An empirical analysis of the unbiasedness hypothesis
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- Master Thesis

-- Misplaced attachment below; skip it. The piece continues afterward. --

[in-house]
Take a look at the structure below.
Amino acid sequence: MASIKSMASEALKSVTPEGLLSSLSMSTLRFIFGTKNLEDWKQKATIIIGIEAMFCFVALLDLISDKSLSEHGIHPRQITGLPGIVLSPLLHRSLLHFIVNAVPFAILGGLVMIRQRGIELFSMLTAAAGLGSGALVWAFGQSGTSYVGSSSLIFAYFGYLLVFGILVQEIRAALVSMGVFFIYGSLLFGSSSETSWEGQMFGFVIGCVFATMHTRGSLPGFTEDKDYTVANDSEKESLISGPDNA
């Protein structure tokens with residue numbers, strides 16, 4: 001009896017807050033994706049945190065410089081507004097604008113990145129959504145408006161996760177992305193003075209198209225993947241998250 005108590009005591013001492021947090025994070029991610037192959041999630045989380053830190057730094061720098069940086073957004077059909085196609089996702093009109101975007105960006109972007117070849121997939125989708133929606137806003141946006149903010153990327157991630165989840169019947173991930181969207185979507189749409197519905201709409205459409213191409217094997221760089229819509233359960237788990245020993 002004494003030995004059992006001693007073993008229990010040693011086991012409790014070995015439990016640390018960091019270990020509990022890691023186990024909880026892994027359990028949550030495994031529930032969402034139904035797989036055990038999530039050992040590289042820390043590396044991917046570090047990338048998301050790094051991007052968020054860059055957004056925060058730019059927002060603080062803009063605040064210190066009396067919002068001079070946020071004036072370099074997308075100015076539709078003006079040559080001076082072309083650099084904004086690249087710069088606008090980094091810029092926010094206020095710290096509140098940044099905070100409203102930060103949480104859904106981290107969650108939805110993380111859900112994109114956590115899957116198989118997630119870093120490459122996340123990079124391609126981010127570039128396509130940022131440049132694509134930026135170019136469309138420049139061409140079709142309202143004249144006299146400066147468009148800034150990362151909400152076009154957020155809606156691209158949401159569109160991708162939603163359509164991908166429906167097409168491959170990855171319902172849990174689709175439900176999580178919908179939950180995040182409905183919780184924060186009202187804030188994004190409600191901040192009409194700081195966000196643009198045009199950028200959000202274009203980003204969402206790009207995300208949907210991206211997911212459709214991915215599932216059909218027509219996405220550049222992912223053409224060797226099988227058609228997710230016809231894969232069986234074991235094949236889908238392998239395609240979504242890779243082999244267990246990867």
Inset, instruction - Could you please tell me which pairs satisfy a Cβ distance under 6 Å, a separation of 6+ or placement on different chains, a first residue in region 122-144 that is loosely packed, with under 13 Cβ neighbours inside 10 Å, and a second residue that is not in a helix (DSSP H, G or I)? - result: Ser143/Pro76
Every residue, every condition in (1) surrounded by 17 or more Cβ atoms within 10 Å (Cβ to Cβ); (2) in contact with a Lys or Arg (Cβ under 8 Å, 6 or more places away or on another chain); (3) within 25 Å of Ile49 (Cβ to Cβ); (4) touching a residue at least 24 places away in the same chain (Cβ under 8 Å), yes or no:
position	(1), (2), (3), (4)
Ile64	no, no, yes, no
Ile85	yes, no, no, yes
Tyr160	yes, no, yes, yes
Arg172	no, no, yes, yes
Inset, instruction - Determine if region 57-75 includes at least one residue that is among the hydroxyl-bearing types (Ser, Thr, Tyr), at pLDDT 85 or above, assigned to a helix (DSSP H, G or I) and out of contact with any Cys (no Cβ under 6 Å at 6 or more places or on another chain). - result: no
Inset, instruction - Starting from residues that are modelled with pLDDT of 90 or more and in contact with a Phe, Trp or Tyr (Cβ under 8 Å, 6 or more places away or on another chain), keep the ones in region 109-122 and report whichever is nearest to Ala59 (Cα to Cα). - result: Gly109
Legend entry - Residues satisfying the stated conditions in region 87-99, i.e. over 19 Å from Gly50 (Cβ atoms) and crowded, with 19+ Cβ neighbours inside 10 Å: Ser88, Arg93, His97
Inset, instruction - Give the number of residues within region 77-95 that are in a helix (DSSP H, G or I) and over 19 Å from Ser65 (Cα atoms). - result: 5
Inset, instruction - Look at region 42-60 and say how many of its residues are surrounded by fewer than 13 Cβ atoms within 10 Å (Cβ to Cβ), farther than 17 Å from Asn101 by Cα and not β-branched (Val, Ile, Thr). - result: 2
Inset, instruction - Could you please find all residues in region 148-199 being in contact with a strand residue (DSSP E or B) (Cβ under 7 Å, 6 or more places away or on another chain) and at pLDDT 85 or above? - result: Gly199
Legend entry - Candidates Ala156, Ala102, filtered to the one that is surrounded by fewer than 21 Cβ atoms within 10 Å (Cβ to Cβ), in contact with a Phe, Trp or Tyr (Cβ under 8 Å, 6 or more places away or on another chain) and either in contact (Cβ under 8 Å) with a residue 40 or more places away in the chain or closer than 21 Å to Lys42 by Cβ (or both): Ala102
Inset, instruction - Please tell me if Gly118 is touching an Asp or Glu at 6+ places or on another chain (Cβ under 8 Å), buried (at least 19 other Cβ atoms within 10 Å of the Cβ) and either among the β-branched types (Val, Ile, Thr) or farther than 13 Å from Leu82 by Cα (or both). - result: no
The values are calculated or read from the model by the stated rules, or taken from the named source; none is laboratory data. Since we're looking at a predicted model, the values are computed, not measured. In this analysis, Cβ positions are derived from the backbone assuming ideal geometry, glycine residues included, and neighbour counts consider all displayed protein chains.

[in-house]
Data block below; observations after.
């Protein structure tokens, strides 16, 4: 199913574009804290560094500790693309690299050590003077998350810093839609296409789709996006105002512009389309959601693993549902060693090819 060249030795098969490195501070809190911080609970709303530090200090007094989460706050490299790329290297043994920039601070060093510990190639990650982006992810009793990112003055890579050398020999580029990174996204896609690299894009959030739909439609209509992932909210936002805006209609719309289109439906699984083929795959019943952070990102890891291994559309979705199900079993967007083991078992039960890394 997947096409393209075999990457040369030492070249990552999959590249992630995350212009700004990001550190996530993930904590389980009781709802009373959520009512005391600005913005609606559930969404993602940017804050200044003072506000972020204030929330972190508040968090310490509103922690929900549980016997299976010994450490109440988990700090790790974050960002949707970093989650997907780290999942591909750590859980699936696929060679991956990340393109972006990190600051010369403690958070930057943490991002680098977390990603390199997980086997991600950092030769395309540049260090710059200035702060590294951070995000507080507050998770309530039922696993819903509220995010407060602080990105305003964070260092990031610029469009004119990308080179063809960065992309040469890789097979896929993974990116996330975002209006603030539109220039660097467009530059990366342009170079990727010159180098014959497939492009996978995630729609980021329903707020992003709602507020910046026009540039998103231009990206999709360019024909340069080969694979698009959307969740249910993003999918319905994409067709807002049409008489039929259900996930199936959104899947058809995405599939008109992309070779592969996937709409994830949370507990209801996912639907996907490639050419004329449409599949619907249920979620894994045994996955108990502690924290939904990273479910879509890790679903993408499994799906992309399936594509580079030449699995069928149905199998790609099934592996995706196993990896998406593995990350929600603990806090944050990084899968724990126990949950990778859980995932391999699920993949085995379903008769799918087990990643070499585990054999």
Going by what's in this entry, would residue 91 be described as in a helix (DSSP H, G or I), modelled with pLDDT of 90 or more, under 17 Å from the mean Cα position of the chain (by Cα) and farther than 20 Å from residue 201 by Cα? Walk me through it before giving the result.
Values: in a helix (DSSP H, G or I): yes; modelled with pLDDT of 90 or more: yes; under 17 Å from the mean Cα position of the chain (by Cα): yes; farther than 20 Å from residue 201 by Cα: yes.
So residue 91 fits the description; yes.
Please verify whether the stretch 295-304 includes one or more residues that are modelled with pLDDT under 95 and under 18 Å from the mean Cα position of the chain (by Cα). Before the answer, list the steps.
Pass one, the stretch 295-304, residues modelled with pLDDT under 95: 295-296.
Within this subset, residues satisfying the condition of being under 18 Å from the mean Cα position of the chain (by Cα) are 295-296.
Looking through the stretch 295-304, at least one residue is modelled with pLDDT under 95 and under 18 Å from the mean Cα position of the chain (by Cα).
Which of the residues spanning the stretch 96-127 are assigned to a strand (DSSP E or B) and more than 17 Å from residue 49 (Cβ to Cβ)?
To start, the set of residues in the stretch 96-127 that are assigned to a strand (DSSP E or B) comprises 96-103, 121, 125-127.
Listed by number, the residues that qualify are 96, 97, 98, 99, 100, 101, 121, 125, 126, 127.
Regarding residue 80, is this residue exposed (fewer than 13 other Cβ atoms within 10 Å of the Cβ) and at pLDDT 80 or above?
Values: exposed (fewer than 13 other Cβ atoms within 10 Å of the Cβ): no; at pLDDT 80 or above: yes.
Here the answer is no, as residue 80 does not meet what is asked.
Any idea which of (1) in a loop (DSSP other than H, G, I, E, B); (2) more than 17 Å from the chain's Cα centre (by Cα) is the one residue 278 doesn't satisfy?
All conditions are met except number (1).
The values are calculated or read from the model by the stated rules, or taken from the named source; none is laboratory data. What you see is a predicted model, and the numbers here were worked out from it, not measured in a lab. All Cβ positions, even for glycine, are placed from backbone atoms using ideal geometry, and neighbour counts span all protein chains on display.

This thesis has two main aims, split into two parts. The aim of the first part is to see if the unbiasedness hypothesis holds for some of the world’s most liquid currency pairs. The objective is to gather new data on spot and forward rates with three different maturity lengths from 1996 up until 2018, and test these data using mean comparison t-tests and time series regression analyses. The results reveal that the unbiasedness hypothesis does not seem to hold for most currency pairs for the one month, one week or overnight maturities. There are also some evidence indicating the presence of the forward premium puzzle for some currency pairs, especially in the monthly and overnight maturities. The aim of the second part is to uncover potential statistical relationships between the deviation from the unbiasedness hypothesis and leading explanatory variables. In extension, these relationships could be used to predict future deviations from the unbiasedness hypothesis and thus increase excess return from carry trade. The objective for this part of the thesis is to collect data on various relevant economic variables and test the explanatory power of these variables, using regression analysis and a direction of change-model. Most notably, we find that the Baltic Dry Index has served as a positive, leading indicator of deviations from the unbiasedness hypothesis in the period of our analysis. We also find evidence of a relationship for the CBOE Volatility Index which varies with the length of maturity, and a negative relationship for the S&P 500 index. However, we do not find any relationship between the deviation from the unbiasedness hypothesis and the USD denominated LIBOR, the Brent crude oil price or the bid-ask spread for the foreign exchange spot.